One of the great benefits of growing up on a farm is permanent agricultural seasonal orientation. Spring means planting, not just raking winter-worn lawns and uncovering rose bushes. While farm cycles can seem quaint to an increasingly urban/suburban Minnesota, a huge slice of Minnesota’s economy rests firmly in farming and food processing.
The U.S. Department of Agriculture’s National Agricultural Statistics Service’s Prospective Planting survey once again speaks volumes about Minnesota’s economy. Minnesota farmers expect to plant about the same amount of corn and soybeans that they planted last year.
That’s good news. It means farmers aren’t cutting back and, as commodity futures markets reflect, food prices will very likely remain stable. From a consumer perspective, modest food price growth in a slowly recovering economy is a good thing. Things could be better, but they certainly could be worse. And, as we’ve realized in the past several years, a good year is one that isn’t appreciably worse than the previous year.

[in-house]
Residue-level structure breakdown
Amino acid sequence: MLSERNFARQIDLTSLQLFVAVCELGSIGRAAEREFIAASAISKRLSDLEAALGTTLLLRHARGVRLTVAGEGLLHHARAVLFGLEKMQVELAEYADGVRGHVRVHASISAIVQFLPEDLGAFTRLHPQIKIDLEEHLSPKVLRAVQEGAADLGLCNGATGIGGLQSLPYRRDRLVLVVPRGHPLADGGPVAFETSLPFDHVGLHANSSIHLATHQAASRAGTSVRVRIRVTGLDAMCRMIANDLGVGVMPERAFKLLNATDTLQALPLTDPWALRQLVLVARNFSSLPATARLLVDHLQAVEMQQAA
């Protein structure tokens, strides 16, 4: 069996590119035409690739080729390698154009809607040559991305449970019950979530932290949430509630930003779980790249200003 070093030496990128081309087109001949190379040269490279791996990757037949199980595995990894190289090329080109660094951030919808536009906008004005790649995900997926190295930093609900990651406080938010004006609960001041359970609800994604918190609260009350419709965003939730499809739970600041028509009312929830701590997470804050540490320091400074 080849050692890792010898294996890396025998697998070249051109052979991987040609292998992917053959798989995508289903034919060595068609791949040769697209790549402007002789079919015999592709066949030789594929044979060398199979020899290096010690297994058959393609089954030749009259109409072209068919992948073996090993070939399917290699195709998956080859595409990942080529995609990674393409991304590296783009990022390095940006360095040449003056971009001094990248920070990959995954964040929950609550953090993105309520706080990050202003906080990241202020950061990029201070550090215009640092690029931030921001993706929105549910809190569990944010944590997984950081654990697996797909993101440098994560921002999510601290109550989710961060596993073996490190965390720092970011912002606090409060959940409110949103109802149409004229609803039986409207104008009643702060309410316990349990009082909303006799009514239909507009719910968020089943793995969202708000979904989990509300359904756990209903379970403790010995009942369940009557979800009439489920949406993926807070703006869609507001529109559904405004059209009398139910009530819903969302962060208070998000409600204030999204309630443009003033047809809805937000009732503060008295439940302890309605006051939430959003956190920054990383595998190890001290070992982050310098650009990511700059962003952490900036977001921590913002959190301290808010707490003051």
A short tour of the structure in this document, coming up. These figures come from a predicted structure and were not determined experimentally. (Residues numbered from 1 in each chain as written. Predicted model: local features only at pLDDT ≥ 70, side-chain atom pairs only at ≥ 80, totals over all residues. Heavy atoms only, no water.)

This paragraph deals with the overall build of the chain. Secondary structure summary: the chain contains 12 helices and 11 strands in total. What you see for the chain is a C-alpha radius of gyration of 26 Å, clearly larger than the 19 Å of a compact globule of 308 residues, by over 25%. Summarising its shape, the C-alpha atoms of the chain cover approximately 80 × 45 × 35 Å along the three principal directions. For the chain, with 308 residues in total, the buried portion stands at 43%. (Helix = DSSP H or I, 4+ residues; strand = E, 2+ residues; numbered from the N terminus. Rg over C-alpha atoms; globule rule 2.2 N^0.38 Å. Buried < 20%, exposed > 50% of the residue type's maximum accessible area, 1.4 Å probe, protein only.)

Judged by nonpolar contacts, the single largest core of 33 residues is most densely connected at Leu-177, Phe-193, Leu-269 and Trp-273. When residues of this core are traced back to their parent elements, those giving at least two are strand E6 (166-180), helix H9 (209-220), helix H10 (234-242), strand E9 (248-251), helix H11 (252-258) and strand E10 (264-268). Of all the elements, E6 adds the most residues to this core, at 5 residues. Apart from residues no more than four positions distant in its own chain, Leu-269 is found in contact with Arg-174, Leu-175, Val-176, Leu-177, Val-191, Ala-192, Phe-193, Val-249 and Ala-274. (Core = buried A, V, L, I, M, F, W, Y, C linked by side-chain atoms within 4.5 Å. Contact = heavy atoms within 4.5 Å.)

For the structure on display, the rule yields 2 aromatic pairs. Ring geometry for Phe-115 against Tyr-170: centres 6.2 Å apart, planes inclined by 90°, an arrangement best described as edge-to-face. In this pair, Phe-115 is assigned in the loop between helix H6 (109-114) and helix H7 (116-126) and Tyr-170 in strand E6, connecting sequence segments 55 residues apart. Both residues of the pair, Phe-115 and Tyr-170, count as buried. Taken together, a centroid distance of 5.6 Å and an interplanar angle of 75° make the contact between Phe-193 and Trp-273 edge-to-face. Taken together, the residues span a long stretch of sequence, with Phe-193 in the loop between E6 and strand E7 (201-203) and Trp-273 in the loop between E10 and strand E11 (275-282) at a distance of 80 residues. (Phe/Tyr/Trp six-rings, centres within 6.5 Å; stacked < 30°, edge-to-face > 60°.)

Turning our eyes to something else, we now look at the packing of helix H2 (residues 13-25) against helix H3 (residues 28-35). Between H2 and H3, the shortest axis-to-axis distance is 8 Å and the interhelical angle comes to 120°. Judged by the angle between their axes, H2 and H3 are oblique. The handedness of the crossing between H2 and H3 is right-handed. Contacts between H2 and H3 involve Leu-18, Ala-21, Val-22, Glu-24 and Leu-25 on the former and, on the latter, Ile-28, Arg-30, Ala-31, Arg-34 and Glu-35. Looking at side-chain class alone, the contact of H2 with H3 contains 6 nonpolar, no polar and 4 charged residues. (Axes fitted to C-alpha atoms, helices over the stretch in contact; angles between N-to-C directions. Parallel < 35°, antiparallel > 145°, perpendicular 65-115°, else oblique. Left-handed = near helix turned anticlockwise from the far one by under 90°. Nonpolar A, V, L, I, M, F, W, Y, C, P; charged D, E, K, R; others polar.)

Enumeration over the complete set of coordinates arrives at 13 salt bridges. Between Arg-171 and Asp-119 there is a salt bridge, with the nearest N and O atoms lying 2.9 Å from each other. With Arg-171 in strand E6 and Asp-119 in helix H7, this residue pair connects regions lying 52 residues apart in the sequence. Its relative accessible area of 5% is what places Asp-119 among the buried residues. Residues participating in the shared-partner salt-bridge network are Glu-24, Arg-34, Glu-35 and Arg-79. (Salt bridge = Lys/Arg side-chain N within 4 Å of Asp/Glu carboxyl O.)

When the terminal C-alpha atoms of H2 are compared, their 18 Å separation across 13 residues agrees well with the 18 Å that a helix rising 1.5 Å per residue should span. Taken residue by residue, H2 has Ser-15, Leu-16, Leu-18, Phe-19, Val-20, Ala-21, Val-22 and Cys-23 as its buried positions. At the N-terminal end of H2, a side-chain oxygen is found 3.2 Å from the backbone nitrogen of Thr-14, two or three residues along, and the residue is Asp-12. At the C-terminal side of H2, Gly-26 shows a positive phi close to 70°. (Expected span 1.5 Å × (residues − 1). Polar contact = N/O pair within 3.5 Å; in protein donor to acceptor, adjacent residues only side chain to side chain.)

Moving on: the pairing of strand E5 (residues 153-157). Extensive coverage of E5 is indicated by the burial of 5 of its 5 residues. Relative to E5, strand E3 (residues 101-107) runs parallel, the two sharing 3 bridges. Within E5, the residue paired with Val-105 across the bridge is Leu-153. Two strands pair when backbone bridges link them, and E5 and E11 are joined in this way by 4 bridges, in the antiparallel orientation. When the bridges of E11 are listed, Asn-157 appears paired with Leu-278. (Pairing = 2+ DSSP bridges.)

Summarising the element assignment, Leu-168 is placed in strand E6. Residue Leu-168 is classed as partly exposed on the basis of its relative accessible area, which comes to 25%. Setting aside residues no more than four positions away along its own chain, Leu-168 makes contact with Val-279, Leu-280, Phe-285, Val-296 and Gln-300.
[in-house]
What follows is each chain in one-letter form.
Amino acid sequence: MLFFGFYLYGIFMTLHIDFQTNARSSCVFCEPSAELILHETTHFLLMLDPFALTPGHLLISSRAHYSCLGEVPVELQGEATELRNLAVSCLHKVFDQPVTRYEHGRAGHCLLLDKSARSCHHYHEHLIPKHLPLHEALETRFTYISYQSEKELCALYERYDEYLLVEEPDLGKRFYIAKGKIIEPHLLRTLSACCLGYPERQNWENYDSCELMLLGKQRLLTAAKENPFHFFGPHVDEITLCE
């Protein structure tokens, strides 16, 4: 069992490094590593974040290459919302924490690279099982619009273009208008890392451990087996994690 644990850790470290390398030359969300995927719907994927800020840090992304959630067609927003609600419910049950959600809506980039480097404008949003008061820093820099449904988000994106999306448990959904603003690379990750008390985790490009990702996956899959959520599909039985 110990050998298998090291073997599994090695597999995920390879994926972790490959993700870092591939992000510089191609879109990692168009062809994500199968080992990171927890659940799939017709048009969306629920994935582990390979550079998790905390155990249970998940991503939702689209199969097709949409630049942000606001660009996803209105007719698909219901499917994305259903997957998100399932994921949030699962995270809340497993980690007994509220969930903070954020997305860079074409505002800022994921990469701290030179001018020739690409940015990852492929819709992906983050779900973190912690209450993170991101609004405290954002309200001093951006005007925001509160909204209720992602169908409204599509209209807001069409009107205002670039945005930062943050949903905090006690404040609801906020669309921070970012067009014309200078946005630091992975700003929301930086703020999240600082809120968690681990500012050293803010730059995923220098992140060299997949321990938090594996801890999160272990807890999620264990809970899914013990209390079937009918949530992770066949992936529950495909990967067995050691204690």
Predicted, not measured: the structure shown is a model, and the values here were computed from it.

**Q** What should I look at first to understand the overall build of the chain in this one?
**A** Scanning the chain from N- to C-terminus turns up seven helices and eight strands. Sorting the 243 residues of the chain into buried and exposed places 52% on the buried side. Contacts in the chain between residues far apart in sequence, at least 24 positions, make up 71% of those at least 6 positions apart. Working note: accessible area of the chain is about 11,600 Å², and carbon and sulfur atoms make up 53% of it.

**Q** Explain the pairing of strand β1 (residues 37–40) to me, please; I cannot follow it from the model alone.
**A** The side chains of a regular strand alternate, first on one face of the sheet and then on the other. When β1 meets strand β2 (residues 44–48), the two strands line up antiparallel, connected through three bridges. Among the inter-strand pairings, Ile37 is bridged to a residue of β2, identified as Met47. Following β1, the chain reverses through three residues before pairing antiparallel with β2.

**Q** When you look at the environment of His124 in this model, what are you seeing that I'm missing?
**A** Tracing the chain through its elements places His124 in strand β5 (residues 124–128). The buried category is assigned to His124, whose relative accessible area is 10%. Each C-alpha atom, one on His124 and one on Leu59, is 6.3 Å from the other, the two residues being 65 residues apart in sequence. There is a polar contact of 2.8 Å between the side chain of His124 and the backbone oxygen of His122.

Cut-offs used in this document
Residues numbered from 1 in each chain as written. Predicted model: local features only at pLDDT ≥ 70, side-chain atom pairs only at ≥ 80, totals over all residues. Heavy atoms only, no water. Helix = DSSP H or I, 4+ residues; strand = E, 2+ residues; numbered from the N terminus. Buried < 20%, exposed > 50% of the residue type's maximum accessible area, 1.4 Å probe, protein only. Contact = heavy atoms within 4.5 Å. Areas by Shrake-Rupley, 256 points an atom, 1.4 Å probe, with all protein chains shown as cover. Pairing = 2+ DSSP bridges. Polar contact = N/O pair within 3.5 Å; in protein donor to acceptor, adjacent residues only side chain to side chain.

Thankfully, we’ve moved past that standard. In the spring 2010, a good year is one that’s about the same if not slightly better than last year. Using Minnesota farmers’ crop planning as an economic measuring stick, Minnesota’s economy is showing signs of life — but I don’t want to oversell the economic recovery.
Minnesota’s farming and food production sectors are outperforming other state economic sectors. Agriculture has blunted the recession’s nastier impacts, keeping a great many people employed. Real economic growth won’t come from planting a few more acres of soybeans versus corn. It will come from growing green energy and green technology businesses.
Minnesota needs clearly articulated public policy supporting clean, green initiatives. We don’t have many now, but that can and must change. We build best when we build from what already works. Keep this in mind as you drive past newly planted fields in another month. Scratch the soil’s surface and you’ll find more than one’s industry’s promise.